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Themes in Lines Composed a Few Miles Above Tintern Abbey

Finding Consolation through Memories of Nature: In The Prelude, or Growth of a Poet’s Mind, an autobiographical blank verse poem published posthumously in 1850, Wordsworth describes “spots of time,” a theme that pervades much of his poetry. With this phrase, Wordsworth defines a spiritual experience someone can recall later during solitary moments in order to renew and revive their spirits. In this poem, Wordsworth recalls standing over Tintern Abbey and looking down into the valley below. The scenes of nature provide profound relief because they allow him to glimpse these numinous “spots of time.” These moments provide such lucidity and clarity that, even in times of grief or discomfort, he is able to recall them—like “mansions” in the mind—for restoration and fond reminiscences.

Effects of Maturity on Perspective: On July 13, 1798, Wordsworth returns to the same spot overlooking Tintern Abbey that he visited while on a walking tour five years prior. As he peers down into the abbey from a bird’s-eye perspective, he is able to look back on his life with the same heightened perspective. With newfound maturity, he contemplates how growing older has impacted his relationship with nature. As a child and adolescent, he leapt through nature with animalistic passion; now, as an adult, he finds profound spiritual refuge in nature’s beauty. Near the end of the poem, he returns again to this theme as he imagines what nature might look like through the youthful “wild eyes” of his walking companion and younger sister, Dorothy. Although Wordsworth does not wish to return to his youth, he is able to live vicariously through the passions of his younger sister. He prays that as Dorothy inevitably grows older and her perspective changes, she may retain memories of this shared experience in order to restore her spirit during challenging times.

Themes Examples in Lines Composed a Few Miles Above Tintern Abbey:

Lines Written a Few Miles above Tintern Abbey, on Revisiting the Banks of the Wye during a Tour, July 13, 1798

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"wilt thou then forget That on the banks of this delightful stream We stood together; and that I, so long A worshipper of Nature, hither came,..."   (Lines Written a Few Miles above Tintern Abbey, on Revisiting the Banks of the Wye during a Tour, July 13, 1798)

The poem ends on an encouraging note as Wordsworth contemplates his experience on the River Wye with his sister. He understands that with time, she will mature and her youthful passions will diminish. Nevertheless, he prays that she may fondly recall this moment together and draw inspiration from nature’s capacity to physically, emotionally, and mentally enliven and uplift her.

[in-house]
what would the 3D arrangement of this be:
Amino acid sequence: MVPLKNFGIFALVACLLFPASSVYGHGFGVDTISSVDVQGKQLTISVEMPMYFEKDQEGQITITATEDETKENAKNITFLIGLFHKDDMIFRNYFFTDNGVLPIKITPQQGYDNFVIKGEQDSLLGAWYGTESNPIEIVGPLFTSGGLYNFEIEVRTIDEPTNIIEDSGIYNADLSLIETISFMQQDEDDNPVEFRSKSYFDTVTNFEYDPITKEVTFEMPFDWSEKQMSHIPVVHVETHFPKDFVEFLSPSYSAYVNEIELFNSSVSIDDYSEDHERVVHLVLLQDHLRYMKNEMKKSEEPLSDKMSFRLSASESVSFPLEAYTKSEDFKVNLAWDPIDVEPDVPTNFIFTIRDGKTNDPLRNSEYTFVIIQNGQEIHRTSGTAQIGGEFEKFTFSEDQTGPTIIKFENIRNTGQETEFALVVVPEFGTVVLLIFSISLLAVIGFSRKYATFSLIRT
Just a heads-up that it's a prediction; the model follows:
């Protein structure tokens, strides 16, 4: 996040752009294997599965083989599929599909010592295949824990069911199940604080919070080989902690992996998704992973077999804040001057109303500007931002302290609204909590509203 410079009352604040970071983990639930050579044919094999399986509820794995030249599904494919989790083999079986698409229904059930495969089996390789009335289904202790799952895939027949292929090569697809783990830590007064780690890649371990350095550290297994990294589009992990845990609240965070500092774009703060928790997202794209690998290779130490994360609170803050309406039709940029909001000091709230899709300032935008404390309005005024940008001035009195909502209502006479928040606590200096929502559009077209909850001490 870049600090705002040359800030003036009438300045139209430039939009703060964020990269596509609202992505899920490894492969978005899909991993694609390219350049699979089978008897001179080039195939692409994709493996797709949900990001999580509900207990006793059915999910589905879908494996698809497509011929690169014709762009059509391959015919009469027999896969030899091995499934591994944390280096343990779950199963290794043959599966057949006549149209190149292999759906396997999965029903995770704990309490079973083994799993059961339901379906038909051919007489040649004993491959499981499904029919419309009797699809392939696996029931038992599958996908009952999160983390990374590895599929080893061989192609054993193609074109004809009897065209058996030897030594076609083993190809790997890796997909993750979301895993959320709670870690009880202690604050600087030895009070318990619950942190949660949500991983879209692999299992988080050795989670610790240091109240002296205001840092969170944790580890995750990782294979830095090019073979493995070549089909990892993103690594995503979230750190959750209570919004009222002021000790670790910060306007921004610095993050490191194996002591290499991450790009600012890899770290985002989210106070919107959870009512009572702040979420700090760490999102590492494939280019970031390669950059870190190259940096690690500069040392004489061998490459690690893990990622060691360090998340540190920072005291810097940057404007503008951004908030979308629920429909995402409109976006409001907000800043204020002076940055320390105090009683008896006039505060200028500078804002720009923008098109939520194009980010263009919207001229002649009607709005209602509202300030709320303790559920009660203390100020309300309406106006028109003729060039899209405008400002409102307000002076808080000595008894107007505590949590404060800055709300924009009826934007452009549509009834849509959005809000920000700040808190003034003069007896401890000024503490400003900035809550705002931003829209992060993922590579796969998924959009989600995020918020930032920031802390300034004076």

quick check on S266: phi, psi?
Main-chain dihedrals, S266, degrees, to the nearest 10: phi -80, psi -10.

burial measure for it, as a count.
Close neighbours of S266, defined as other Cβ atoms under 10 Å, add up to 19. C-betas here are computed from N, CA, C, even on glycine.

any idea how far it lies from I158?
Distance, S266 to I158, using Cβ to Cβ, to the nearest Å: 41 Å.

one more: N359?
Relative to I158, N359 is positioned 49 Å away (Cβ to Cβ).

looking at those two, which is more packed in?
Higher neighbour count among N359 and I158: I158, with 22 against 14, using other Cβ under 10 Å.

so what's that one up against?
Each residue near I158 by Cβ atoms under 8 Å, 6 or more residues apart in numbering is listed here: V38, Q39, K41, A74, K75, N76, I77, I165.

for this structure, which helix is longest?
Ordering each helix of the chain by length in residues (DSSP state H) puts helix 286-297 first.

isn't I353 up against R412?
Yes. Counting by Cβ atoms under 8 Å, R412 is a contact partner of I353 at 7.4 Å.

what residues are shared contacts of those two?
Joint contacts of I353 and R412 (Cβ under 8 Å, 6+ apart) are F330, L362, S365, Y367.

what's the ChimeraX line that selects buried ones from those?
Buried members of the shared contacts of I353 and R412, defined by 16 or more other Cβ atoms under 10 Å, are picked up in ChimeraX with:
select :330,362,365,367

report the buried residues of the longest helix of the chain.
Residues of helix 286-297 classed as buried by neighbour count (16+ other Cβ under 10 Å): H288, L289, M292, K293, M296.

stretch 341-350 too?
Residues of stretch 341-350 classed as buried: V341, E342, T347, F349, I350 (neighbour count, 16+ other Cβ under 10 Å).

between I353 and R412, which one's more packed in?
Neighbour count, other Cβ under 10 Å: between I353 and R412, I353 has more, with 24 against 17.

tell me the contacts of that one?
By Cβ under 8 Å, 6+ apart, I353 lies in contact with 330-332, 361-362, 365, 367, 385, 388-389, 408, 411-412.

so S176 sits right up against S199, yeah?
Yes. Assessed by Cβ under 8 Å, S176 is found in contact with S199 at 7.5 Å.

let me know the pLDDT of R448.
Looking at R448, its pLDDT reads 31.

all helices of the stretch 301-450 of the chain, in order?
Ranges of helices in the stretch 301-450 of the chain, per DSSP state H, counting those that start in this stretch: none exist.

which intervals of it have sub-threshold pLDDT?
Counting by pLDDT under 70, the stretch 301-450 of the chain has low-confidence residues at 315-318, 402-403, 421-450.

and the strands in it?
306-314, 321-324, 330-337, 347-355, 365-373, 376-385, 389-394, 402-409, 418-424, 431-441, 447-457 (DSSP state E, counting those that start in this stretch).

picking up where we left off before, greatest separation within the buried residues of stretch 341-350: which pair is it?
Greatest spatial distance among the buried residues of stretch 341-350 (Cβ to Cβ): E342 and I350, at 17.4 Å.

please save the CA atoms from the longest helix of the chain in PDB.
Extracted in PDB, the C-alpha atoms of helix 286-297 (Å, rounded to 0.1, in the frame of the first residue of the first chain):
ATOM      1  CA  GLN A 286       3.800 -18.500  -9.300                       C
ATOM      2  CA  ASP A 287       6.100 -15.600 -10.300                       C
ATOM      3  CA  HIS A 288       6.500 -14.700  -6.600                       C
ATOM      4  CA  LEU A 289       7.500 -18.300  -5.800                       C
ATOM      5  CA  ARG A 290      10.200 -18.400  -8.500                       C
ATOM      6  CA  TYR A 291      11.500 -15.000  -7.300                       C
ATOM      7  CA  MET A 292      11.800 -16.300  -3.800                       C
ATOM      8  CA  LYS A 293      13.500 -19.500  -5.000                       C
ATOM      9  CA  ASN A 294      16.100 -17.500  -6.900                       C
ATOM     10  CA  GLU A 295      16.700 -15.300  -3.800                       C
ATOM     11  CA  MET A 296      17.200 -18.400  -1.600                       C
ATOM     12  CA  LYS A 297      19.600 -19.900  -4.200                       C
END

"Shall be a mansion for all lovely forms,..."   (Lines Written a Few Miles above Tintern Abbey, on Revisiting the Banks of the Wye during a Tour, July 13, 1798)

In his prayer, Wordsworth further connects nature to memory. He hopes that Dorothy’s mind might be a “mansion” to hold all her memories of nature so that she might be able to remember its beauty for consolation during difficult times. Similarly to how he recalls nature while in the city, Wordsworth imagines Dorothy’s memory as a “dwelling-place” where all the beautiful forms and colors of nature might reside and resurface when called on.

"ecstasies..."   (Lines Written a Few Miles above Tintern Abbey, on Revisiting the Banks of the Wye during a Tour, July 13, 1798)

The word “ecstasies” describes a state of overwhelming delight. Here, Wordsworth returns to the theme of maturation, elucidating how age can transform one’s perception of nature. With maturity, youthful passions—“wild ecstasies”—transform into “sober pleasure.”

"Of thy wild eyes. ..."   (Lines Written a Few Miles above Tintern Abbey, on Revisiting the Banks of the Wye during a Tour, July 13, 1798)

The speaker contrasts his decaying “genial spirits” to “thy wild eyes” of a new character in the poem, his younger sister Dorothy. Wordsworth and his sister, also a writer and poet, were very close throughout their lives. Through Dorothy, Wordsworth is able to live vicariously and recapture a sense of his more youthful days, intimated in the line when Wordsworth exclaims, “Oh!... May I behold in thee what I was once.” Although he does not mourn the passage of his youth, Wordsworth recalls his memories fondly and nostalgically.